In the first part of the book, Jorge introduces how the concept of political solidarity emerged in several countries, as well as the political processes and collaborative networks of solidarity that emerged simultaneously around the world. In chapters 2 and 3, the book addresses the importance of understanding the role of geography in the economic and political development of societies by exploring in detail the situation in Chiapas and the geopolitical role it plays in Latin America. In subsequent chapters, he delves into the events leading up to the Zapatista revolution and the Lacandona Declaration’s concrete proposal for transforming economic and political relations between Indigenous peoples and the Mexican government. Next, the book proposes a few strategies for building out solidarity economy practices, emphasizing the importance of knowing the essential elements of what make up a solidarity economy  through a case study of Chiapas. Chapter 8 is dedicated to analyzing the methodologies applied by the Zapatista movement, offering concrete examples and testimonies from members of the movement. The last part of the book provides a 40-year chronology of global and local political events that have influenced the emergence of alternatives to capitalism in Mexico and around the globe.

New Forms of Government

The collective production of goods and services creates new forms of governance and allows for multiple manifestations of economic and political power relations in pursuit of more just societies. Political Solidarity Economy shares the values and principles that guide these models from a Latin American, and more specifically Chiapas, context. It also outlines the adjustment and transition that took place within the Zapatista movement after reflections on how power was exercised. This can be  seen in an excerpt from the Lacandona Declaration which is featured in chapter 4: “Since then, the EZLN leadership is no longer involved in giving orders in civil affairs, but has accompanied and supported the authorities democratically elected by the people. Furthermore, they ensured that the communities, as well as national and international civil society, were well informed about the support received and how it was administered.” 

In May 2021, the EZLN decided to send a delegation to begin a journey across five continents, starting in Europe, as a continuation of a strategy that involves exchanging with people from other continents. Though this is the first time they are leaving Mexico with this intention, for Jorge the main contribution of the Zapatista movement is the proposal for an alternative political vision of the economy and power relations based on values of solidarity and respect for Mother Earth. With this new political voyage the Zapatistas are continuing to share the lessons learned about the strategies, based on the principles of autonomy, agroecology, and solidarity economics, that they have implemented in their communities.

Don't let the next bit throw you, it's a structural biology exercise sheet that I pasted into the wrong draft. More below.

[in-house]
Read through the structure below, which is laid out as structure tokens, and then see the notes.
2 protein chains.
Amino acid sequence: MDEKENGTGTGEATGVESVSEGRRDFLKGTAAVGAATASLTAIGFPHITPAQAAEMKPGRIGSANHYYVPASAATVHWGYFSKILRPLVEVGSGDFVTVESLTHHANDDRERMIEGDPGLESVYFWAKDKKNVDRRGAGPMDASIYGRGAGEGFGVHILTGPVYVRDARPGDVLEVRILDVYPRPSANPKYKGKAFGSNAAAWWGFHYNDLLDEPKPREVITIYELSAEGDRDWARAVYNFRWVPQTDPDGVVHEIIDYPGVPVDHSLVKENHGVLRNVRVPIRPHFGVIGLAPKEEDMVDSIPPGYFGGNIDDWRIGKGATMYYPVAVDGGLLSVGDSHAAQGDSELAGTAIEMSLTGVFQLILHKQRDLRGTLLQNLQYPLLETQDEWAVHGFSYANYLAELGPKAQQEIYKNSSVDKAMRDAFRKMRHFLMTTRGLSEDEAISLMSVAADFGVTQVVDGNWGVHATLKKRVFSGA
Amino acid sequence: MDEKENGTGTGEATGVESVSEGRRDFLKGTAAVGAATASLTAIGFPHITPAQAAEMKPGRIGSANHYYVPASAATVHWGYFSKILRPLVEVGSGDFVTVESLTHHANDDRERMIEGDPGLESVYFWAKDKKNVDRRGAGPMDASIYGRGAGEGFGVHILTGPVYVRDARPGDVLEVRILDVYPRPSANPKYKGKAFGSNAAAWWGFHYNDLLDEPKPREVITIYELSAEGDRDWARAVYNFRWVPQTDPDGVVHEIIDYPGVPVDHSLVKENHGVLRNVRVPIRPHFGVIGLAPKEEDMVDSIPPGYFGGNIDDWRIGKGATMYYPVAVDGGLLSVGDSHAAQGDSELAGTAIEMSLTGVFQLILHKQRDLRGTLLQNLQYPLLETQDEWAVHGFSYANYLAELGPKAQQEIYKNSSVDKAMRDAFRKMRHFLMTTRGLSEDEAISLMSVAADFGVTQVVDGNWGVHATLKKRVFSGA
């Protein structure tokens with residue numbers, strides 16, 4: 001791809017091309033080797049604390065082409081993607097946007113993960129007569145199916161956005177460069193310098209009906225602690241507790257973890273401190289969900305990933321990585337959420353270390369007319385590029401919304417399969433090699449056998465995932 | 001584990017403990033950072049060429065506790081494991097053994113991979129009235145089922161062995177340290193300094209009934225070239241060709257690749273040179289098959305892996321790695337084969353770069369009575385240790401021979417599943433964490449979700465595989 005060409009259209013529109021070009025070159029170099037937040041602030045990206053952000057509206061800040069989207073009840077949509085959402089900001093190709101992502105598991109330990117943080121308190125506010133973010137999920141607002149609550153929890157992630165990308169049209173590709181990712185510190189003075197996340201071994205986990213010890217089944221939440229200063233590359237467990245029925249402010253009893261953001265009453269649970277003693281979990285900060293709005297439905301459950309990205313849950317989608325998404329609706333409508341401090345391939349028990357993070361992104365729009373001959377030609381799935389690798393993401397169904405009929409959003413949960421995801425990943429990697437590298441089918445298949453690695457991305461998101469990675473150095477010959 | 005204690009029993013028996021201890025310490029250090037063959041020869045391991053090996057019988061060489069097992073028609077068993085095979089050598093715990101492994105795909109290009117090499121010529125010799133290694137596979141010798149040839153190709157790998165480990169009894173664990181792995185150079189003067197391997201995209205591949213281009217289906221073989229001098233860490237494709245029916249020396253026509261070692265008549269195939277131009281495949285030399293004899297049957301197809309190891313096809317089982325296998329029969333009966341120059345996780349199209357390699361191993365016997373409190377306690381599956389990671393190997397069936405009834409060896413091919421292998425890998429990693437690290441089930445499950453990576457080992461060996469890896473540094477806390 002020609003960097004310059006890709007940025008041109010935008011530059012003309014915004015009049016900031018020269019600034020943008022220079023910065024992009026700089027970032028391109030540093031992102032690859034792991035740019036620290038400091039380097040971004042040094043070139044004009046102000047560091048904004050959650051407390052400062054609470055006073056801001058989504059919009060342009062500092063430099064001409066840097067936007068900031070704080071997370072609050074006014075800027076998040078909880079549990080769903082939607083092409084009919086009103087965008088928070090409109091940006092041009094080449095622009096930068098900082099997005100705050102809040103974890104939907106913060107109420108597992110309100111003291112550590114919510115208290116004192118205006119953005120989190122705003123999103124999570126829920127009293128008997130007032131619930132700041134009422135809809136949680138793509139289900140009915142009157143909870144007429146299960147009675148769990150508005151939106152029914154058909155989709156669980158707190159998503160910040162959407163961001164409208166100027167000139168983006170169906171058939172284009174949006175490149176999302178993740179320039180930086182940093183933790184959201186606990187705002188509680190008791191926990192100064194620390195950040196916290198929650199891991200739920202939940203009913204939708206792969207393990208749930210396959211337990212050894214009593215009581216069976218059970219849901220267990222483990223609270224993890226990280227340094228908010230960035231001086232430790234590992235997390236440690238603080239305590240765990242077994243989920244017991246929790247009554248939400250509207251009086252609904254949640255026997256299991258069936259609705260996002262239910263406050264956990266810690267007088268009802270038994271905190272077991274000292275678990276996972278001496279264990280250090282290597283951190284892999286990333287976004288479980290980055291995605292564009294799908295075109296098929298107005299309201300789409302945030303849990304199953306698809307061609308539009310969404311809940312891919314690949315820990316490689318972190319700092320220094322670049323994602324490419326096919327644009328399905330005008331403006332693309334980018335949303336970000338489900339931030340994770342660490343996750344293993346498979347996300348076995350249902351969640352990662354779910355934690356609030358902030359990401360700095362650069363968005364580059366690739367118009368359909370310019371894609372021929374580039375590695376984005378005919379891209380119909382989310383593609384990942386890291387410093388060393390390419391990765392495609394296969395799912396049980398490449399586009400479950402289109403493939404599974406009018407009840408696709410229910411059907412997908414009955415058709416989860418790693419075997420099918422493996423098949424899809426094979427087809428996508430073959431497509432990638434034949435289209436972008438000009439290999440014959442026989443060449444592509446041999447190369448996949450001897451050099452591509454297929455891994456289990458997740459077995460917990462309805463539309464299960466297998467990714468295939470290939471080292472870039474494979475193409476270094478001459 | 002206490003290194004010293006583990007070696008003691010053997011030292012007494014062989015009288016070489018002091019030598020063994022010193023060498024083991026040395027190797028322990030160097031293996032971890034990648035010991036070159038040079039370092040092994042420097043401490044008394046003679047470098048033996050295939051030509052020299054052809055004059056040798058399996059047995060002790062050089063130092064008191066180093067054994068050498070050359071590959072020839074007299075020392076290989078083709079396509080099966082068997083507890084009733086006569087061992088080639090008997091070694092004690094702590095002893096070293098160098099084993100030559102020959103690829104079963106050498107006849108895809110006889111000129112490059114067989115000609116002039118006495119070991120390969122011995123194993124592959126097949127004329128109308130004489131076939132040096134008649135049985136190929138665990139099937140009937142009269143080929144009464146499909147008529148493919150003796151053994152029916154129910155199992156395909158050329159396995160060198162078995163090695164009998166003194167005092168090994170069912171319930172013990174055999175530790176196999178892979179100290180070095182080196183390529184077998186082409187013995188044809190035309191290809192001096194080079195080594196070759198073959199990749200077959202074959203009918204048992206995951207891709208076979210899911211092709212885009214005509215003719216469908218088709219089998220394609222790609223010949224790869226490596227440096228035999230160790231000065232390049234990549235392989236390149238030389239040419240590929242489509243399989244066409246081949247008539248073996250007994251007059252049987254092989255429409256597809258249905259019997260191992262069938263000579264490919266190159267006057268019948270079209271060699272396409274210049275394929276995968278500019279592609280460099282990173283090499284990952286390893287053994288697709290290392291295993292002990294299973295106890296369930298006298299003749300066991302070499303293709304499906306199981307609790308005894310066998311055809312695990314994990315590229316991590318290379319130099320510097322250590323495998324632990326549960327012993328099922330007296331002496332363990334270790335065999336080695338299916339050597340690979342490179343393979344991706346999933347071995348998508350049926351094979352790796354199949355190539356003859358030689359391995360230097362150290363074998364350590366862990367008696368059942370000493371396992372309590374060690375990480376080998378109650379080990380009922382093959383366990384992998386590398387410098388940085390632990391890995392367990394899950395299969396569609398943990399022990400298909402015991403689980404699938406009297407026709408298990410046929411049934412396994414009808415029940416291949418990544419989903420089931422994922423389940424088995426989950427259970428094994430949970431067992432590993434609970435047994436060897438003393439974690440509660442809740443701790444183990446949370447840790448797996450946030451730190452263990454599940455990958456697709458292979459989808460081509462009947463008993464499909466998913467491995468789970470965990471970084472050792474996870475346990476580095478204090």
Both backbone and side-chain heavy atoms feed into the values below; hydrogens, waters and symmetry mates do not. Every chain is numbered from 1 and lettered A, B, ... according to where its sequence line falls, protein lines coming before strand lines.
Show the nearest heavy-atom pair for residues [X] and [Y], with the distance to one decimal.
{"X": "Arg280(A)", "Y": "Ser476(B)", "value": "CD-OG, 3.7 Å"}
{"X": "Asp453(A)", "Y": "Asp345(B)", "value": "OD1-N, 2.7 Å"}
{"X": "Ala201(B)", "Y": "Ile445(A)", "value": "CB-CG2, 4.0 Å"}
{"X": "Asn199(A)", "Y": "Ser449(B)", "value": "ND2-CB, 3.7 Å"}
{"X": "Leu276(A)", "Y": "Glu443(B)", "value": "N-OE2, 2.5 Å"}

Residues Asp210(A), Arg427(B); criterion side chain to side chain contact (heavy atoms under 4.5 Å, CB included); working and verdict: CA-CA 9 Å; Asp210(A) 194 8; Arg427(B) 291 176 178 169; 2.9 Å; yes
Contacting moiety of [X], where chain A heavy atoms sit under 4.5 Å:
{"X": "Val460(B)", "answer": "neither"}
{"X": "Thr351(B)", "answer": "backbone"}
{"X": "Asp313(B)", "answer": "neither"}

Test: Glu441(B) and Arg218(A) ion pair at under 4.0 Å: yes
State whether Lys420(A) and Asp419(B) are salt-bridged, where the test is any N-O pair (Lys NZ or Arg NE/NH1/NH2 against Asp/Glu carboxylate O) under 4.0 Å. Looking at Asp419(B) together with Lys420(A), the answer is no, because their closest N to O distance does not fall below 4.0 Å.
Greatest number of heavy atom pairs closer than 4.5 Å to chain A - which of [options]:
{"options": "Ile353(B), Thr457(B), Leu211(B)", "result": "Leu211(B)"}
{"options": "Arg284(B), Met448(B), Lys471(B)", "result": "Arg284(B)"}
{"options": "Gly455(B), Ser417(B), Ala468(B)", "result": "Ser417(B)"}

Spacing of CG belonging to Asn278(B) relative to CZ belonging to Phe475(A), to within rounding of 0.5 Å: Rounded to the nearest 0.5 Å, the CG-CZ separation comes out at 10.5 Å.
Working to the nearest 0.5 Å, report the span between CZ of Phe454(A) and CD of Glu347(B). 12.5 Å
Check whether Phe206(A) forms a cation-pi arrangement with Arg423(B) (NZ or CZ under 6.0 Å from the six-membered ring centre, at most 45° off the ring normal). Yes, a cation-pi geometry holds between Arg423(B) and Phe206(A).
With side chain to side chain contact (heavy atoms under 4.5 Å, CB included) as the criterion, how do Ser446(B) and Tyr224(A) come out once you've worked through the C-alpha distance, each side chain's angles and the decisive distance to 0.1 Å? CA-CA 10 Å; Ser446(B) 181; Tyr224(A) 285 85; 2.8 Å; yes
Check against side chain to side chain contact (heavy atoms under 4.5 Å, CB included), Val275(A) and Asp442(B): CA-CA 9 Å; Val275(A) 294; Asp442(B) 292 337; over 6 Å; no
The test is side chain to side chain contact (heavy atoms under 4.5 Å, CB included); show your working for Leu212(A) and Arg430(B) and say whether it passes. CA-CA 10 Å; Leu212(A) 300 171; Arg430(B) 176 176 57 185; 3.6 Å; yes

Within the context of this multi-continental voyage, the English edition of the book Political Solidarity Economy aligns with a historical moment in which the  Zapatista’s visions of the world will have a greater chance of reaching new audiences. “After 37 years of work, the possibility of having a greater global reach and a more powerful voice to convene exists. This is an opportunity not only to strengthen local efforts, but also to contribute to a global transformation,” notes Jorge.

The book’s website provides more details about Jorge Santiago’s book as well as interviews and articles about the work of Jorge. The main goal of this virtual platform, according to Jorge, is to offer practical and accessible tools for everyone who wants to transform power relations and to contribute to maintaining the hope that it’s possible to create new systems of governance where everyone can belong.

“In addition to producing coffee or corn, we can use this wisdom ourselves to produce a new world, based on distinct power relations. The whole world can’t plant, not everyone knows how to preserve seeds, but everyone can commit to defending the rights of the voiceless and guarantee the dignity of all human beings.

What I have loved and enjoyed most in life is living in Chiapas. Playing around, dancing at festivals, living near the mountains. Here is where I learned to understand the world, in conjunction with values, principles, and models developed from the political will of the people: to become responsible for their destiny and turn ideas and sincere passion into transformative action.”
– Jorge Santiago

Select quotations were edited and excerpted from a November 2020 interview with Jorge Santiago and Thousand Currents.